A 32-yard touchdown pass to tight end Dalton Schultz and a two-point conversion pass to Schultz turned a 30-22 deficit into a tie game at 30-30 with 2 minutes, 54 seconds left. Then when the Raiders got a 56-yard field goal on the ensuing possession, Prescott used 10 plays to set up a 45-yard field from Greg Zuerlein that sent the game into overtime.
But a plethora of penalties were the Cowboys undoing for most of the game, and it proved critical in overtime.
A penalty on the kickoff set the Cowboys offense back in overtime, making them start from their own 8-yard line. The Raiders got the ball back following three plays and a punt.
The final Cowboys play was a bad pass from Prescott, who threw it behind receiver Noah Brown, ruining a brilliant rally on a day that Prescott completed 32 of 47 passes for 375 yards with two touchdowns. He completed 16 of 21 passes for 209 yards and a touchdown in the fourth quarter.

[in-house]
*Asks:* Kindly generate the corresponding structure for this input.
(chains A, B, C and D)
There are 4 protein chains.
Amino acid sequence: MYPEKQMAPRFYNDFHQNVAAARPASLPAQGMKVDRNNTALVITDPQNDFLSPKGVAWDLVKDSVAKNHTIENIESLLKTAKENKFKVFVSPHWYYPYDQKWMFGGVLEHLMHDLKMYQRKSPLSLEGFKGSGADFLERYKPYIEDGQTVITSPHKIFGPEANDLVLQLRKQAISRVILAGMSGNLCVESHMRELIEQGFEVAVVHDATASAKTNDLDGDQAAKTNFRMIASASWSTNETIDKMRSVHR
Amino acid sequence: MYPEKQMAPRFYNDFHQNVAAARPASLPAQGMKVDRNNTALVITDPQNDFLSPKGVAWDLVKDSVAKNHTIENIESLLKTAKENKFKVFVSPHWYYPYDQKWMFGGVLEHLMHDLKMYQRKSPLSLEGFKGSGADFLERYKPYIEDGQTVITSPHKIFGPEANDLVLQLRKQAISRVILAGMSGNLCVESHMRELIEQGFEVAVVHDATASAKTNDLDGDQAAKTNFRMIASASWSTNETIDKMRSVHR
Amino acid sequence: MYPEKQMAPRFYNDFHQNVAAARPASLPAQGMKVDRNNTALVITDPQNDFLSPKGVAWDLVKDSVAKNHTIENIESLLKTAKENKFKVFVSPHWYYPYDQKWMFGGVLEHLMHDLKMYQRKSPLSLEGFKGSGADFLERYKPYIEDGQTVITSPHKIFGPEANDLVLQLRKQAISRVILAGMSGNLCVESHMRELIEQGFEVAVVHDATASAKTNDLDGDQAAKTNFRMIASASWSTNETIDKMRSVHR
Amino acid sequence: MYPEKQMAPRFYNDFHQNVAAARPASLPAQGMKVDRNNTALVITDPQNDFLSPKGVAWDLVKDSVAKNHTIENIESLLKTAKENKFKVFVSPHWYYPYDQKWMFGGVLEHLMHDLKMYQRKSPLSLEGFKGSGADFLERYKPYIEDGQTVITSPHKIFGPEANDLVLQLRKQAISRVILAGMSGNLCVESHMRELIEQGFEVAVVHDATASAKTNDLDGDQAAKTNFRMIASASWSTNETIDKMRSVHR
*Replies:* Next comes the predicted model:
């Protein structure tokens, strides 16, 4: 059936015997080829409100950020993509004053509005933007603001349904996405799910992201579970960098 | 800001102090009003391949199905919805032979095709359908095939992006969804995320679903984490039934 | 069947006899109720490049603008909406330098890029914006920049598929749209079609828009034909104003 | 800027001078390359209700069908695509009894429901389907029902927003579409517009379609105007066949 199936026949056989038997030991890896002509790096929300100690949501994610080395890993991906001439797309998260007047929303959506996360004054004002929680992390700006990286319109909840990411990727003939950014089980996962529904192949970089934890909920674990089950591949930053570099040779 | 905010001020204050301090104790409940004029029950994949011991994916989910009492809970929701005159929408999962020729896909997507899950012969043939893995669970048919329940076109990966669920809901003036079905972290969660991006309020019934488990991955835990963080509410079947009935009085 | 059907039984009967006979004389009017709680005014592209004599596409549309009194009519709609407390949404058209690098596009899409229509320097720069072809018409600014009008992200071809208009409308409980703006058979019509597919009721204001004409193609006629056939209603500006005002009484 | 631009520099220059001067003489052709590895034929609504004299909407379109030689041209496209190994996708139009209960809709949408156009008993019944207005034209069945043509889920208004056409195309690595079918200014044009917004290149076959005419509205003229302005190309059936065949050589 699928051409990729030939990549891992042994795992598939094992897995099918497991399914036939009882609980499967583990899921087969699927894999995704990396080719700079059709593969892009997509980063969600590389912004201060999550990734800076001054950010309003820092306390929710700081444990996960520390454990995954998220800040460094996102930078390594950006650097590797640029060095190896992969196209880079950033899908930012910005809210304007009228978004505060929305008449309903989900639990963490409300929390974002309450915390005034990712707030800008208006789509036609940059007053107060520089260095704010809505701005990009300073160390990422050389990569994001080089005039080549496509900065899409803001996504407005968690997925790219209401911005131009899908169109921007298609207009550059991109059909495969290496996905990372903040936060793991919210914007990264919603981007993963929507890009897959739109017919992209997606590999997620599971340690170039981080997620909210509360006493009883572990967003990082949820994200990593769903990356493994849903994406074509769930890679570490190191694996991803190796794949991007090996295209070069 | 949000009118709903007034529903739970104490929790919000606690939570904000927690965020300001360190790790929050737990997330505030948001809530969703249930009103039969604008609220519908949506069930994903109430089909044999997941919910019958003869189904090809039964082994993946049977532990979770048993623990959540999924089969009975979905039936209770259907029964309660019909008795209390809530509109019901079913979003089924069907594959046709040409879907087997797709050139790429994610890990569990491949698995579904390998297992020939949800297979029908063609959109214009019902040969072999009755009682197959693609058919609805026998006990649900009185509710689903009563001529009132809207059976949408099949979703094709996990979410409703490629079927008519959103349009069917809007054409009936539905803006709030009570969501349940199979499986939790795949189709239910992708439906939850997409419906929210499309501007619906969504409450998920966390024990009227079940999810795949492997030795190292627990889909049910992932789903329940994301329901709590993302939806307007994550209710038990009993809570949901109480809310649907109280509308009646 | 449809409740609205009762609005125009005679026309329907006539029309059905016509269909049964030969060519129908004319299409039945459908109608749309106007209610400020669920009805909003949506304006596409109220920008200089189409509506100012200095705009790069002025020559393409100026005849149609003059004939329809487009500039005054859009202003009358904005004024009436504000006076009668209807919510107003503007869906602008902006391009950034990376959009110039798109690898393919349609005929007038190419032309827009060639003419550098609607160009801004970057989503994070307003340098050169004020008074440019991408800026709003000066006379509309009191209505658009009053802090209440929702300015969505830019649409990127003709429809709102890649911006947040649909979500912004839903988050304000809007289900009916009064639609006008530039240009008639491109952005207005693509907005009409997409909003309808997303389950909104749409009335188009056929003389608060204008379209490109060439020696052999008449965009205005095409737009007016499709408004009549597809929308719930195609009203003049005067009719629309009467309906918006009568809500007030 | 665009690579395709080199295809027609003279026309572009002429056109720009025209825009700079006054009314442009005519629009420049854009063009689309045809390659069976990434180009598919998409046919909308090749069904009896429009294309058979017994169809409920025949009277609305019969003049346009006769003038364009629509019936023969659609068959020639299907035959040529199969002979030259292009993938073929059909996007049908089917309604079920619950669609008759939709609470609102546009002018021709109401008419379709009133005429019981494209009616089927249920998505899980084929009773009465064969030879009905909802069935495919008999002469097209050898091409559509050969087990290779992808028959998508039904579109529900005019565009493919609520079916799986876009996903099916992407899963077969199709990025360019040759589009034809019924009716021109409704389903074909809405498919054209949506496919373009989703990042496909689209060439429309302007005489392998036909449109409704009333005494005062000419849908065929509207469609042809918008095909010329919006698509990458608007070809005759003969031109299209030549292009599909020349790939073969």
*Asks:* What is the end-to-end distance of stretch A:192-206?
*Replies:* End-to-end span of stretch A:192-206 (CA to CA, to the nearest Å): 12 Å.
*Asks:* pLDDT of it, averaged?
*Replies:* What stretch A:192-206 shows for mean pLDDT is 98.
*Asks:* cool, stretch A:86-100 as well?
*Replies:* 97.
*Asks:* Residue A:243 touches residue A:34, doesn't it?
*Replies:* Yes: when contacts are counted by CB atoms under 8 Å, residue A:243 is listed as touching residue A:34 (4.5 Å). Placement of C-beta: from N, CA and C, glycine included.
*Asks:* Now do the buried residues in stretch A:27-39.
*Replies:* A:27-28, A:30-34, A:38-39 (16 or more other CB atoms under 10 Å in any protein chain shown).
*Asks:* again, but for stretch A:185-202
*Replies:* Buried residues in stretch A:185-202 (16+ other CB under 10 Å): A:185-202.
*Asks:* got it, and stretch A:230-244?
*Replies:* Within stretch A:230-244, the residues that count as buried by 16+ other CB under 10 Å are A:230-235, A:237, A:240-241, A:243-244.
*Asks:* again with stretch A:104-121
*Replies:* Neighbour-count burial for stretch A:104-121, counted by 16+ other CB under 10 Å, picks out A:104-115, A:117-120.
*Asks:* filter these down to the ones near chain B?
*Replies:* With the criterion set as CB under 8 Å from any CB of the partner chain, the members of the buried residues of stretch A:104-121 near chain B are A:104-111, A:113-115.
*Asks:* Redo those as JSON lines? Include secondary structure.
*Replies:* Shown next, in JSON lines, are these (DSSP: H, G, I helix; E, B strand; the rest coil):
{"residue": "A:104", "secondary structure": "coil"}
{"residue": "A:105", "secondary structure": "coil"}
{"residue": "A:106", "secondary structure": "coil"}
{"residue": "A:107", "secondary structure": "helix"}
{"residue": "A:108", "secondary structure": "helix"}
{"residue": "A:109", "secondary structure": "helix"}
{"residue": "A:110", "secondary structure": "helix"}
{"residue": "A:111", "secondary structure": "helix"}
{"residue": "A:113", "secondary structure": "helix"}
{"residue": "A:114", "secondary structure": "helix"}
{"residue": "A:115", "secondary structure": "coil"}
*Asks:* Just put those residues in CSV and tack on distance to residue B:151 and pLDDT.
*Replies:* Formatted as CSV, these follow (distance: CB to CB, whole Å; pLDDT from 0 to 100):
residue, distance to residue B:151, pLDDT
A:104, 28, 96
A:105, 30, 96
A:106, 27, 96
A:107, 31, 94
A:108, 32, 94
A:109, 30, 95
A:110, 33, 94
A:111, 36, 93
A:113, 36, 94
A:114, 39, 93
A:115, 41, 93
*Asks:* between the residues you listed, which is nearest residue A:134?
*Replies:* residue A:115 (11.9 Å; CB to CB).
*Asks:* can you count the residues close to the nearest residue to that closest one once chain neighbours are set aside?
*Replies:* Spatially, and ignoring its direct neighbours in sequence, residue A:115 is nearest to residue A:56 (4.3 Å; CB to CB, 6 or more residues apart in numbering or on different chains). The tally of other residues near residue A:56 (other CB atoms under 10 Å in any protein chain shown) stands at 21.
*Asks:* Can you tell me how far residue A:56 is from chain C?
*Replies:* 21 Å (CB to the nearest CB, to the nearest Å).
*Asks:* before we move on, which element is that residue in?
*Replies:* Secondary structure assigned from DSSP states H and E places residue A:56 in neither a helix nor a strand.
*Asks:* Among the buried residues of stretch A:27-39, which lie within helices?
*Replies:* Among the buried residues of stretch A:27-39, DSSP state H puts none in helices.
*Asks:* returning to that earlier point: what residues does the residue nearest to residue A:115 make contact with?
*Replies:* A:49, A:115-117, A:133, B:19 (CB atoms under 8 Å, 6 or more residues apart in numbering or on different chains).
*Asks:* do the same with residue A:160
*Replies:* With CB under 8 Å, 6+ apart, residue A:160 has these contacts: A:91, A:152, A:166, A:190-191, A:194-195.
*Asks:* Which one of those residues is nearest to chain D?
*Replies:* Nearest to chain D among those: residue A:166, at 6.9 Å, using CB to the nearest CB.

“I thought he really showed so much of what he’s about,” Cowboys owner Jerry Jones said. “As a player, not the intangibles, but what he is as a player.”
The difference in the game proved to be a pass-interference penalty on cornerback Anthony Brown on third-and-18 with the Raiders outside of field-goal range.
It was Brown’s fourth interference penalty of the day, and it led to the game-winning score, a 29-yard field goal from Daniel Carlson.
“It was obviously frustrating,” Cowboys coach Mike McCarthy said. “The game was herky-jerky from start to finish. Give our guys credit to continue to focus and battle. The numbers are absurd.”